The incredibly disturbing experience of Moishe the Beadle is described to us in the first chapter, which of course foreshadows what is to come for Elie's family and Jewish community. We are told how Moishe's whole neighbourhood was rounded up, put on trains and taken to alocation where they had to dig trenches whilst the Gestapo watched. Then, when the trenches were completed, the Gestapo shot the Jews cruelly and efficiently. Moishe only managed to escape because he was wounded and the Gestapo thought that he was dead. Consider how this experience is described:
They were forced to dig huge trenches. When they had finished their work, the men from the Gestapo began theirs. Without passion or haste, they shot their prisoners, who were forced to approach the trench one by one and offer their necks. Infants were tossed into the air and used as targets for the machine guns... How had he, Moishe the Beadle, been able to escape? By a miracle. He was wounded in the leg and left for dead...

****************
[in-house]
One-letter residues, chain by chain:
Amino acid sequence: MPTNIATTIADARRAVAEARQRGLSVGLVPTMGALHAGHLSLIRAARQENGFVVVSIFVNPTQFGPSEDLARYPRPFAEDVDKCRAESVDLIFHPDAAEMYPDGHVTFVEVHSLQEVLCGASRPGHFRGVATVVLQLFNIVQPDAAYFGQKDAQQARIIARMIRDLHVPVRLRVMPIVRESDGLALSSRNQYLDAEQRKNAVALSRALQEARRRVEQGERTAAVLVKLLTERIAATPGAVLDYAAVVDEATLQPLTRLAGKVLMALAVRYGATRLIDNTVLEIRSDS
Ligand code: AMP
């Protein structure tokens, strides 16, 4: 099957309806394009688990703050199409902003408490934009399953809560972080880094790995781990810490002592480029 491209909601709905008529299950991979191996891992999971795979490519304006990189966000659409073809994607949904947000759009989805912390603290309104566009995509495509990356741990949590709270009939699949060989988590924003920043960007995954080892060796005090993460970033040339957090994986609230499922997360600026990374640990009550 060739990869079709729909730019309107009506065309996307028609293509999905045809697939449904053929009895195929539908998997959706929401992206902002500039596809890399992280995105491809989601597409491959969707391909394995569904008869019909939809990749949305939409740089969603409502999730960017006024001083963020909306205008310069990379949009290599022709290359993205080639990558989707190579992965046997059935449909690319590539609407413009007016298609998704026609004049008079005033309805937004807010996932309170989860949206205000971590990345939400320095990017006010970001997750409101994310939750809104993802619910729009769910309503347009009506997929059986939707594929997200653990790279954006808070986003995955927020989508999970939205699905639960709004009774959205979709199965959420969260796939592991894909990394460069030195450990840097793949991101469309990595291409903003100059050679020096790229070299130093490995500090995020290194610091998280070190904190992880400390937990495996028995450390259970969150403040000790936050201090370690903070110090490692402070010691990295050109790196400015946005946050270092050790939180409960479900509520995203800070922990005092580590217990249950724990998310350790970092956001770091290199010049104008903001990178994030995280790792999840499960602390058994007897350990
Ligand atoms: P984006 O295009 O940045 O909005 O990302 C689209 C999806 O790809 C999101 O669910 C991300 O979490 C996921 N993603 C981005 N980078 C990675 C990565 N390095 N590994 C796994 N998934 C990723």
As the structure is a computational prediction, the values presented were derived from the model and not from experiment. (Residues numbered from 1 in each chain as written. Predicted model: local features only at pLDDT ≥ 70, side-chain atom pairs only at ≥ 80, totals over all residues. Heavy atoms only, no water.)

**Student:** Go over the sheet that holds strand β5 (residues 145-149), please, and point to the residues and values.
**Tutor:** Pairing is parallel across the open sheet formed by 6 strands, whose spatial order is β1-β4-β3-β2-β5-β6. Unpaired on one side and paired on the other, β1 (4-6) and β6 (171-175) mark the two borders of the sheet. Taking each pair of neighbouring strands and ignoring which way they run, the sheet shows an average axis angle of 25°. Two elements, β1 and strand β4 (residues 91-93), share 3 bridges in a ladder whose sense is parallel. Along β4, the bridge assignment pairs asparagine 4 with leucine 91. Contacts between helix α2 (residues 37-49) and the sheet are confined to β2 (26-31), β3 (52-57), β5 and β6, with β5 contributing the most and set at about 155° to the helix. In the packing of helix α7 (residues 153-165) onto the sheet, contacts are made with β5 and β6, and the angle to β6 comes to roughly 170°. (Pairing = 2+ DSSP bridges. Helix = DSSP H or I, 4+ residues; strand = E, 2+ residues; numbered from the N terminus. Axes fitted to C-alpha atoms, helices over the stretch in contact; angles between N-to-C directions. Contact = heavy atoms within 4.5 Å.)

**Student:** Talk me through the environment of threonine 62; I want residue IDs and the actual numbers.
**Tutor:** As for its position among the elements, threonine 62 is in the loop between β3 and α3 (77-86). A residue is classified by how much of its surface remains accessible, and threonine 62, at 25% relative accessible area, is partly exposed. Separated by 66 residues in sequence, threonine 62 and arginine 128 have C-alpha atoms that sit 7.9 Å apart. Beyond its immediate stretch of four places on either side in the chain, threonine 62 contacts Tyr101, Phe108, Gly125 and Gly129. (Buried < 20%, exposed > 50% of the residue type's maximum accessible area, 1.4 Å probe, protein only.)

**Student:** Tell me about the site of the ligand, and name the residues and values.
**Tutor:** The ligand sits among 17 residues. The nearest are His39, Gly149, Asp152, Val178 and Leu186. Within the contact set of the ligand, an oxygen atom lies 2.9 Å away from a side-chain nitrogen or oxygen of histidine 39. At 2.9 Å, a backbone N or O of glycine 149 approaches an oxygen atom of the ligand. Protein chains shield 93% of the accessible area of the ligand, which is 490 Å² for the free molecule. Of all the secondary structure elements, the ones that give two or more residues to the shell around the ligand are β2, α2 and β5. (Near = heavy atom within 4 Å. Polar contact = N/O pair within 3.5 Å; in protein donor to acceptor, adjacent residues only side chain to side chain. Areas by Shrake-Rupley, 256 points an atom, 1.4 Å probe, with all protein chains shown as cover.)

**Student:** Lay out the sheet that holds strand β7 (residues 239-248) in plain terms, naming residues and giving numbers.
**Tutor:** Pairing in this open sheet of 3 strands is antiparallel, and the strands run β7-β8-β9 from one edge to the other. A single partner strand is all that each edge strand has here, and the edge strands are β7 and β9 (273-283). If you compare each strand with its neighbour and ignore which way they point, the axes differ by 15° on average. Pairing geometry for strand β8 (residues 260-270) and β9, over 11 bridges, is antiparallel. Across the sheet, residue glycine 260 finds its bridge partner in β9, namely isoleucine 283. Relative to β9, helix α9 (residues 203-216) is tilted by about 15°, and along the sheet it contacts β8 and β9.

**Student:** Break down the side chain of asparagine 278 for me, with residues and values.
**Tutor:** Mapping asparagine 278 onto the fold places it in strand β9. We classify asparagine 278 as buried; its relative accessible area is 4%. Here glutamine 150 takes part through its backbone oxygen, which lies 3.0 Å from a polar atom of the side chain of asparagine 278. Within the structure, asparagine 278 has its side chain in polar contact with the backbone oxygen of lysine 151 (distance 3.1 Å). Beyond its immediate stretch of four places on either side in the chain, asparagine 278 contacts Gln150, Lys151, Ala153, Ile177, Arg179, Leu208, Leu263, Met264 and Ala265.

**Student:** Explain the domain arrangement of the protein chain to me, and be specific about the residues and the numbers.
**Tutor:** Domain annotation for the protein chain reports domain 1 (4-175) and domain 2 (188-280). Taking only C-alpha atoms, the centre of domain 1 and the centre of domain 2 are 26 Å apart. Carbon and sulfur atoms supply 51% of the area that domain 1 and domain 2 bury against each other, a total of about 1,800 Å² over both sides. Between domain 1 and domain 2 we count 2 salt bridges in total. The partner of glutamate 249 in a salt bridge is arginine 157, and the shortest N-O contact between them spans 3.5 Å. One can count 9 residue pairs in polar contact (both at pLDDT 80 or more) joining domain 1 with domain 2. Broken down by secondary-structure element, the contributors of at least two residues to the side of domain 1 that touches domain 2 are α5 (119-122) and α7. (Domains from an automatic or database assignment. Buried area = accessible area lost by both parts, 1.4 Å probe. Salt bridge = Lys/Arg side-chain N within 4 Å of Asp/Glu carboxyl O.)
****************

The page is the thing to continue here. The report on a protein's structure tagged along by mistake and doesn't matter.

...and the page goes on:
What is important to note about this experience is the way in which the Jews of Elie's community choose to deliberately ignore the warning explicit in Moishe's account. This of course is something that is repeated again and again, as no matter how grim the situation becomes, key figures choose to disregard the obvious evidence that something bad is going to happen and cling on to vain hope instead.